As a matter of natural course I have become fully digital and all things social media--this blog, a Twitter and Facebook account and links to my talk radio show on KSCO. It's a digital world whether we like it or not and while there's certain aspects and realities of the Internet age I'm enthralled with there's a routine I will never abandon and that has to do with print.
I have a fondness for reading actual newspapers. I enjoy the Sunday ritual of grabbing the Chronicle, the Pink Section and the NY Times over coffee and breakfast. It makes the scrambled eggs and coffee mesh well. I like scanning Scott Ostler's Sunday Punch and Mick LaSalle's movie column. I like reading the printed prime of Michael Bauer's restaurant reviews stacked over the salt and pepper shaker. You can't do that with a laptop and besides which, knowing me, I'd spill the entire plate and coffee over my computer and destroy it. Not good.
Another thing: I'm a book guy but I want an actual book to read. I don't do Kindles or Nooks. They may be more sophisticated and work well at night on an airplane but pardon me, I prefer the solace of a hardcover with real pages and paper. They make little lights you can clip on the book. If I wanted to read a book on an electronic device I'd probably screw up some of the chips and then it would break. Books don't break unless you burn them and I'm not in that club.
I know a lot of you out there are all full-throttle digital chip. It's the way of the world. The Internet has a firm grip on our lives; the way we communicate with one another; the manner in which we get our news; the device that literally connects us to our community, our world, and that's fine. There's a reason for the technological revolution and while some elements annoy me, (like texting, for example,--substituting human interaction), I have become suited to the new world.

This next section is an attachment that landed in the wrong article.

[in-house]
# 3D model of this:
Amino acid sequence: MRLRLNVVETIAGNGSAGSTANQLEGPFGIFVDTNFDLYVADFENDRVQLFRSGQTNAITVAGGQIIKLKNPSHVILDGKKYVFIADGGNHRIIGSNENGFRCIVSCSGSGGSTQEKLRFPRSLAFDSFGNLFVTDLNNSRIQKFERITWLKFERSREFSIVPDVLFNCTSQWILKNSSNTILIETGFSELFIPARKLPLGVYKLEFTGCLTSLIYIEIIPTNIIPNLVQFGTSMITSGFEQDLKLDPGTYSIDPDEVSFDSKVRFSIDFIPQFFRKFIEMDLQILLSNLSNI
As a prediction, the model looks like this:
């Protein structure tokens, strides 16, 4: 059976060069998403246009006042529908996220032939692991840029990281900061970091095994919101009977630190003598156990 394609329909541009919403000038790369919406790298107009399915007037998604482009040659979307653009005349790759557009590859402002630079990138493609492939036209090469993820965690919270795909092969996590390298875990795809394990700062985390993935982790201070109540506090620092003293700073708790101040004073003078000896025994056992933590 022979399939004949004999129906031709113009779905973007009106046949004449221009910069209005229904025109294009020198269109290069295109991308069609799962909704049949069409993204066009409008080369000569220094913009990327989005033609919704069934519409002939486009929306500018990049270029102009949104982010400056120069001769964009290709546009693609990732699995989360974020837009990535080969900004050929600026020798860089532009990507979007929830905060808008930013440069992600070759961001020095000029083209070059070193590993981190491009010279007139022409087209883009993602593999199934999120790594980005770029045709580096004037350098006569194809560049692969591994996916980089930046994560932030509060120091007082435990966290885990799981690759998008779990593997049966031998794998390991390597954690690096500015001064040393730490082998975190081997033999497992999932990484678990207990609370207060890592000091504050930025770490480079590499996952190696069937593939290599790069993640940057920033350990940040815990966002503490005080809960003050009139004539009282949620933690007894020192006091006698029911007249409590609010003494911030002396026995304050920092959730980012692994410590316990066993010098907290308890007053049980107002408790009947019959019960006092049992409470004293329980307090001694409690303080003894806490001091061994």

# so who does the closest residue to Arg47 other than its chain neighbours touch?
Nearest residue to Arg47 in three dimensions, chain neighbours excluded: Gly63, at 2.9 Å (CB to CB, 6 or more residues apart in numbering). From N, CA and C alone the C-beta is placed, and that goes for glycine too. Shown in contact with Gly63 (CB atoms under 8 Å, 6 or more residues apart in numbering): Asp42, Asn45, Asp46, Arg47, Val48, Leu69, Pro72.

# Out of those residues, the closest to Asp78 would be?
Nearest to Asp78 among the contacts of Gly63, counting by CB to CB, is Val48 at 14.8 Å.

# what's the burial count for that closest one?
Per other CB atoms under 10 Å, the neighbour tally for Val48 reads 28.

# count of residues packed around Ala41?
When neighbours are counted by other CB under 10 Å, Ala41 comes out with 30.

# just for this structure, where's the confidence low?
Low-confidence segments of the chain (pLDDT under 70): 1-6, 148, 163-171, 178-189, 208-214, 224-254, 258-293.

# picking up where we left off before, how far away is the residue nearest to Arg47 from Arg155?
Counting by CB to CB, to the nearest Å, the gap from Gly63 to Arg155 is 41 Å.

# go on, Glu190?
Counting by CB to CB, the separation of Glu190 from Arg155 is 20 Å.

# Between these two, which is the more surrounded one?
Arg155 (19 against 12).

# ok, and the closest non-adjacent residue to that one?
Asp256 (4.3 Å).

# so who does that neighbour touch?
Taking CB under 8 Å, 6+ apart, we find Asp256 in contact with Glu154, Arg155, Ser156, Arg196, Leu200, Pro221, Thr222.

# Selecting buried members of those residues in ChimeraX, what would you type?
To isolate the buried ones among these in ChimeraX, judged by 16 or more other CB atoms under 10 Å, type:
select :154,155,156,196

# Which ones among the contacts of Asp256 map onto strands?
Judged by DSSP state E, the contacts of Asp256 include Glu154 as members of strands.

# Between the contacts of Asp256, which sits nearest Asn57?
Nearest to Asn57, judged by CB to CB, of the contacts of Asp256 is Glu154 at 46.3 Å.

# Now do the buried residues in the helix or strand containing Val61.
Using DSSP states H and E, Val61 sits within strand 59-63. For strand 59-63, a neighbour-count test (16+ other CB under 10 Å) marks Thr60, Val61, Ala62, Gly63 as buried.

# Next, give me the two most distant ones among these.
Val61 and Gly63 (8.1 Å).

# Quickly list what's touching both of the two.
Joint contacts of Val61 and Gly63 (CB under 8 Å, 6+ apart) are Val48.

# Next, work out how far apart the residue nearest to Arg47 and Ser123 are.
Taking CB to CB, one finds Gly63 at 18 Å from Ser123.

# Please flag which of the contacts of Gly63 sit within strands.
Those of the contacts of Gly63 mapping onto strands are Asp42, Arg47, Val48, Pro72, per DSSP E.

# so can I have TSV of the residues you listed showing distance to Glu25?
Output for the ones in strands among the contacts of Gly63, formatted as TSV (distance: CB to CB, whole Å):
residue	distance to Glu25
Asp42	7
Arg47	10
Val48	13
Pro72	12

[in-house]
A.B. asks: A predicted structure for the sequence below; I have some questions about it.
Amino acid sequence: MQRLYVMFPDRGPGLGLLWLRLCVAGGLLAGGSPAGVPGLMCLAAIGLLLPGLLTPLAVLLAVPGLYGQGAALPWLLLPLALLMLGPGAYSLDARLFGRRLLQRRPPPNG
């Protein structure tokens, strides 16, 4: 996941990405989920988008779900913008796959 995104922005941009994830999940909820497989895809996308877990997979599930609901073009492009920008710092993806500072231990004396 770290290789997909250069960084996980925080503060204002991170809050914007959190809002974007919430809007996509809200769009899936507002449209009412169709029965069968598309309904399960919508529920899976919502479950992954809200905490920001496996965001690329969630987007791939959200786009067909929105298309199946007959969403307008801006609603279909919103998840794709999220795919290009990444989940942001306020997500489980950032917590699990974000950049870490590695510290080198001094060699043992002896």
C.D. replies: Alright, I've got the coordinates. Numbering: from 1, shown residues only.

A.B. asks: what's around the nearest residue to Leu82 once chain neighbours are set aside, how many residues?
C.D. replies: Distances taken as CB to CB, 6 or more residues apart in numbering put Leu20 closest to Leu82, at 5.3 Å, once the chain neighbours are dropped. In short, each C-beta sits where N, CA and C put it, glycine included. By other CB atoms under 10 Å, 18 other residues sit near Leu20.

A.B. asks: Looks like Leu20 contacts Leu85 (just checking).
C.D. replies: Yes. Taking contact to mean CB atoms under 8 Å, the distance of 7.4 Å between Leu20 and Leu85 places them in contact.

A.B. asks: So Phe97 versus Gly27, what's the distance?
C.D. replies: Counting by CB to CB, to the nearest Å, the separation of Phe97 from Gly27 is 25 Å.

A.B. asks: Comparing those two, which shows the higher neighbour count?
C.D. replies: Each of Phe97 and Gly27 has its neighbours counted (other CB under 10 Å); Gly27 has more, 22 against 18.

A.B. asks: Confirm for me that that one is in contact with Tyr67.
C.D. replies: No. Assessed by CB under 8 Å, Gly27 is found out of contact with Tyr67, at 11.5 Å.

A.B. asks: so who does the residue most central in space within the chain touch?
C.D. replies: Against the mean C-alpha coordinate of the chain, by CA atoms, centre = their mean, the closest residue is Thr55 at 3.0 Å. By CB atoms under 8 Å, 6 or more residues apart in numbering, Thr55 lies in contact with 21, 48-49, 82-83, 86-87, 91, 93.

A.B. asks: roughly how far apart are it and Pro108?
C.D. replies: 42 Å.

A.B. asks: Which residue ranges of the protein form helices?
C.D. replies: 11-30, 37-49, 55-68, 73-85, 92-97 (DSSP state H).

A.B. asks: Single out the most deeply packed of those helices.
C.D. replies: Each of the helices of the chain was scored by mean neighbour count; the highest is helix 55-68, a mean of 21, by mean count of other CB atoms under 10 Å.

Then again the digital revolution doesn't terminate old habits. On a miserable cold and rainy day, I relish black coffee and printed articles. I like the feel of a column and the aroma of Maureen Dowd's mutterings over my runny eggs. Herb Caen and a bowl of oatmeal was my morning nirvana. The Sporting Green too. You don't get that karma on a keyboard. I know this sounds weird but the meal seems to taste better when your newspaper is graced up their over the fork and knife. The Internet has a cafe but there's only beverages. I want food. Among other things.
I've managed to do both. I read and gather most of my information from the Web; I have a digital subscription to the Times, but for some strange reason, I always pick up the print edition on Sunday. It's an acquired taste. Maybe a life phase too but a guilty pleasure none the less. I'm in the minority.
Newspapers are dying and that's a dirty rotten shame because there's some great newspapers out there that still cater to a loyal crowd. Unfortunately, not enough to satisfy the bottom line. Here's hoping my breakfast ritual can last at least another decade before I have to resort to another tactic.
*Note: Interesting article on the future of AM Radio in SF by the Chron's Radio Writer, Ben Fong-Torres.